Mobile devices such as smartphones, tablets and mobile PCs are continually replacing other devices, and the camera could be next. For the layperson, the smartphone has already replaced point-and-shoot cameras — not just out of convenience, but also because phones now match the quality level of these cameras. Some experts say smartphones will one day replace DSLR cameras used by professional photographers.
Since the invention of smartphones, the camera technology inside them has only improved, and each new phone model has nipped closer and closer at the heels of camera companies. Phones have come a long way from 176×208 pixel pictures to today’s f 1.7 apertures, dual lenses and RAW shooting capabilities. As the technology continues to improve, mobile platforms may become the new standard used by professional photographers. Only time will tell.
Bleeding-Edge Smartphone Camera Technology
On the smartphone market, Asus claims to have the highest resolution mobile camera to date on its Zenfone AR. This phone has a Sony IMX318 image sensor on its rear camera, which it uses to combine four 23 megapixel pictures and make them into a single 92-megapixel “super resolution” photo. These pictures are four times clearer than standard HD thanks to this layering process, which takes place with the help of today’s mobile platforms, such as Qualcomm’s Snapdragon. The camera on Google Pixel has a similar layering action it uses to create higher-quality photos.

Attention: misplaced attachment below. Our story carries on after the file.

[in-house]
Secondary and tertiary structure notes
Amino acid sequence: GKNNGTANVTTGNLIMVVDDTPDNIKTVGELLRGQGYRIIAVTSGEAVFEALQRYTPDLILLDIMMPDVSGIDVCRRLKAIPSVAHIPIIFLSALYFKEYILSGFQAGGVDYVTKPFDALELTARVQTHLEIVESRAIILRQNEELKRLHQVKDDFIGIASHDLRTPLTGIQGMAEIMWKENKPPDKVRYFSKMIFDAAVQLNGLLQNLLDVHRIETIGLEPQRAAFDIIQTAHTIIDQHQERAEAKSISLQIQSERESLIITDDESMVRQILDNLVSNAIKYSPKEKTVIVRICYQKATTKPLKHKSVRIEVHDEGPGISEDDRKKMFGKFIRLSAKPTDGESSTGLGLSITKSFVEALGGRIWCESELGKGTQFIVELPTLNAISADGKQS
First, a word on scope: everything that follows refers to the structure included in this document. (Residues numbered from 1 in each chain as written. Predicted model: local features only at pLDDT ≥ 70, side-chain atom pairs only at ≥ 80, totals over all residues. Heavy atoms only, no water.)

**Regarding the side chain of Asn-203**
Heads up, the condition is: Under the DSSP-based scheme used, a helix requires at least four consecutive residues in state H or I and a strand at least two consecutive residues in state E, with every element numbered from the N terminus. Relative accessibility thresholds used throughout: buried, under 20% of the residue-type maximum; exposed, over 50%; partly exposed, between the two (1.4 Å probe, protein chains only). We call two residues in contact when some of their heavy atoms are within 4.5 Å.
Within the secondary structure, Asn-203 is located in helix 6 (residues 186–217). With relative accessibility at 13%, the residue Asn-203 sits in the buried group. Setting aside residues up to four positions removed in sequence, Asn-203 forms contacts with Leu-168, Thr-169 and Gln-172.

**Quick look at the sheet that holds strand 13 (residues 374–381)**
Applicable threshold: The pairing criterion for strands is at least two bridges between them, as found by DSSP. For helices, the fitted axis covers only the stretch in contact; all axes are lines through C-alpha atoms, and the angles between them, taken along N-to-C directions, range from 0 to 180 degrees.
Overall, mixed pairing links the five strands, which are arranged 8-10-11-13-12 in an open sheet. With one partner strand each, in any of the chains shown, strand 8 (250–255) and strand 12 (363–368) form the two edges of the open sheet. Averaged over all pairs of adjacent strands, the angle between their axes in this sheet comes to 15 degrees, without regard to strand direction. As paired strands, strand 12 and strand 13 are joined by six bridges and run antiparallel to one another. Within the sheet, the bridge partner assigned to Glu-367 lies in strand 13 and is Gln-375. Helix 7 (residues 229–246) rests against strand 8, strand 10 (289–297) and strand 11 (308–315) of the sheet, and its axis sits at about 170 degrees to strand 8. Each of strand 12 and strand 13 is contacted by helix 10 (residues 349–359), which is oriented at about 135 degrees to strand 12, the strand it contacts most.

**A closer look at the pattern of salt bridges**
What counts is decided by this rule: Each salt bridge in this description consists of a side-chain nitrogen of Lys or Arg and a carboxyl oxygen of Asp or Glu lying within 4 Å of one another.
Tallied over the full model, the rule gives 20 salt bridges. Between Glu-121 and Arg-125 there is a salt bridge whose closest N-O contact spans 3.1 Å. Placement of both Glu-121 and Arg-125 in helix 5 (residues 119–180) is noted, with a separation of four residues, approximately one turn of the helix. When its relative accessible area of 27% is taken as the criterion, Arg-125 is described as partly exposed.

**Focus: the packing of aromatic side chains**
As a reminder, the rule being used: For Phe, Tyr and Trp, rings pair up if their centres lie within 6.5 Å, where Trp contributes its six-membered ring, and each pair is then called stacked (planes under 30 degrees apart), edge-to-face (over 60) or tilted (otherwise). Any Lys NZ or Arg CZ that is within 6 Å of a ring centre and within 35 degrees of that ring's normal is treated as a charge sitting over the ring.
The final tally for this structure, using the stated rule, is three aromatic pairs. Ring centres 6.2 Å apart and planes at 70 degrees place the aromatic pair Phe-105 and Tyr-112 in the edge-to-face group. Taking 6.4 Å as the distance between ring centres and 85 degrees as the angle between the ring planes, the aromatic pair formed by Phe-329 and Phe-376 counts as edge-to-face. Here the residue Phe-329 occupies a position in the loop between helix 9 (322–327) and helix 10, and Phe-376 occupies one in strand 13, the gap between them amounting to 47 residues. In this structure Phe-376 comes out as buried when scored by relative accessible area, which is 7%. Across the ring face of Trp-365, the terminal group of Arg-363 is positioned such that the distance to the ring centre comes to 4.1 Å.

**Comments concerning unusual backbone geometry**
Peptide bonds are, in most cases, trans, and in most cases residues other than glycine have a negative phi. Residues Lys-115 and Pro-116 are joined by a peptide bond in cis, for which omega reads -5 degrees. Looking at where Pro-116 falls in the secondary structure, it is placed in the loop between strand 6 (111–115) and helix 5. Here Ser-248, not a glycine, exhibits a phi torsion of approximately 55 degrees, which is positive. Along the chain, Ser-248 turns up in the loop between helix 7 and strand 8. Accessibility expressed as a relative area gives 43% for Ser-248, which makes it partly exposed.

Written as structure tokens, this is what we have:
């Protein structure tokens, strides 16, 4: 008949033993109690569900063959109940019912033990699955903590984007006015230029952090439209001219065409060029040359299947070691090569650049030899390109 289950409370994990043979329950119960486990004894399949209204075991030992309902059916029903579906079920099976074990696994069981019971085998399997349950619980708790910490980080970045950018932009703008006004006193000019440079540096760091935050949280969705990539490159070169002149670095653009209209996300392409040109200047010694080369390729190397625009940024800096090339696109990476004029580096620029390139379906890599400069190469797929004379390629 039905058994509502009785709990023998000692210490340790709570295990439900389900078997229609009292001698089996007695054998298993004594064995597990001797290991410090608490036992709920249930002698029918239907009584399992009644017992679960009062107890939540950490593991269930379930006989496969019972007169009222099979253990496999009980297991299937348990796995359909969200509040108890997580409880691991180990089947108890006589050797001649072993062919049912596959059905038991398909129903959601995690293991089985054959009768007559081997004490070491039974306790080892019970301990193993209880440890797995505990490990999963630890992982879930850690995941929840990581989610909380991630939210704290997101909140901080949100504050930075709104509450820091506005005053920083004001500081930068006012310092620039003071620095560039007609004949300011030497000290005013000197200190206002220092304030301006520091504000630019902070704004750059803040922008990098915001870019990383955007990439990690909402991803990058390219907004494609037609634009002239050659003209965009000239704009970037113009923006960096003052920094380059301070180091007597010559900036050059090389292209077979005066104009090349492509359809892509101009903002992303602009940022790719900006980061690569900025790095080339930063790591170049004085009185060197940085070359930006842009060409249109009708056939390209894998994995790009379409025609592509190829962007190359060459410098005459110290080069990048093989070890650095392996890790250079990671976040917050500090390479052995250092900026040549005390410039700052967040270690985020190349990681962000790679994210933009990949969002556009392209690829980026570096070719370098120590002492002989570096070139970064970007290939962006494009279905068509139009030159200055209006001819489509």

Another new technology driving the mobile photography industry forward is image signal processing (ISP), which supports better image quality through machine learning. Machine learning techniques can enhance a computer’s vision and make things like facial recognition possible. The next generation of ISP technology is designed for advances that have been made in computer vision and virtual reality, including passive and active depth sensing modules. These enable the camera to see 3-D pictures intelligently so they can take better shots.
Smartphones are not only replacing cameras, but also photo editing, as pictures can be edited on your phone right after they’re taken. These days, you can do more than just add a filter. With apps like Snapseed from Google, you can make professional edits almost the way you could on a computer. With smartphones taking over what other devices are able to do, photography is becoming more centered around the phone, making it convenient for photographers.
Photography Meets Augmented Reality
One of the advantages of improved camera technology on mobile platforms is the opportunity for it to combine with other cutting-edge technologies, such as augmented reality. If you’re familiar with Pokemon Go or you’ve used Snapchat filters, you’re familiar with augmented reality. It’s technology that views your world through the camera lens and adds a layer over it, mixing the real world with a virtual one. There are already some augmented reality photography mobile apps on app stores today. While most of them are as silly as Snapchat’s animal filters, some are for people who are serious about photography and film, and there’s potential for more apps to head in this direction and use augmented reality to help students and pros take better pictures and videos.
Experts lack consensus as to whether smartphones will eventually replace DSLRs, known as the best camera technology available to date. What is certain, however, is that smartphones are a game-changer for camera companies and they will continue influencing the photography industry.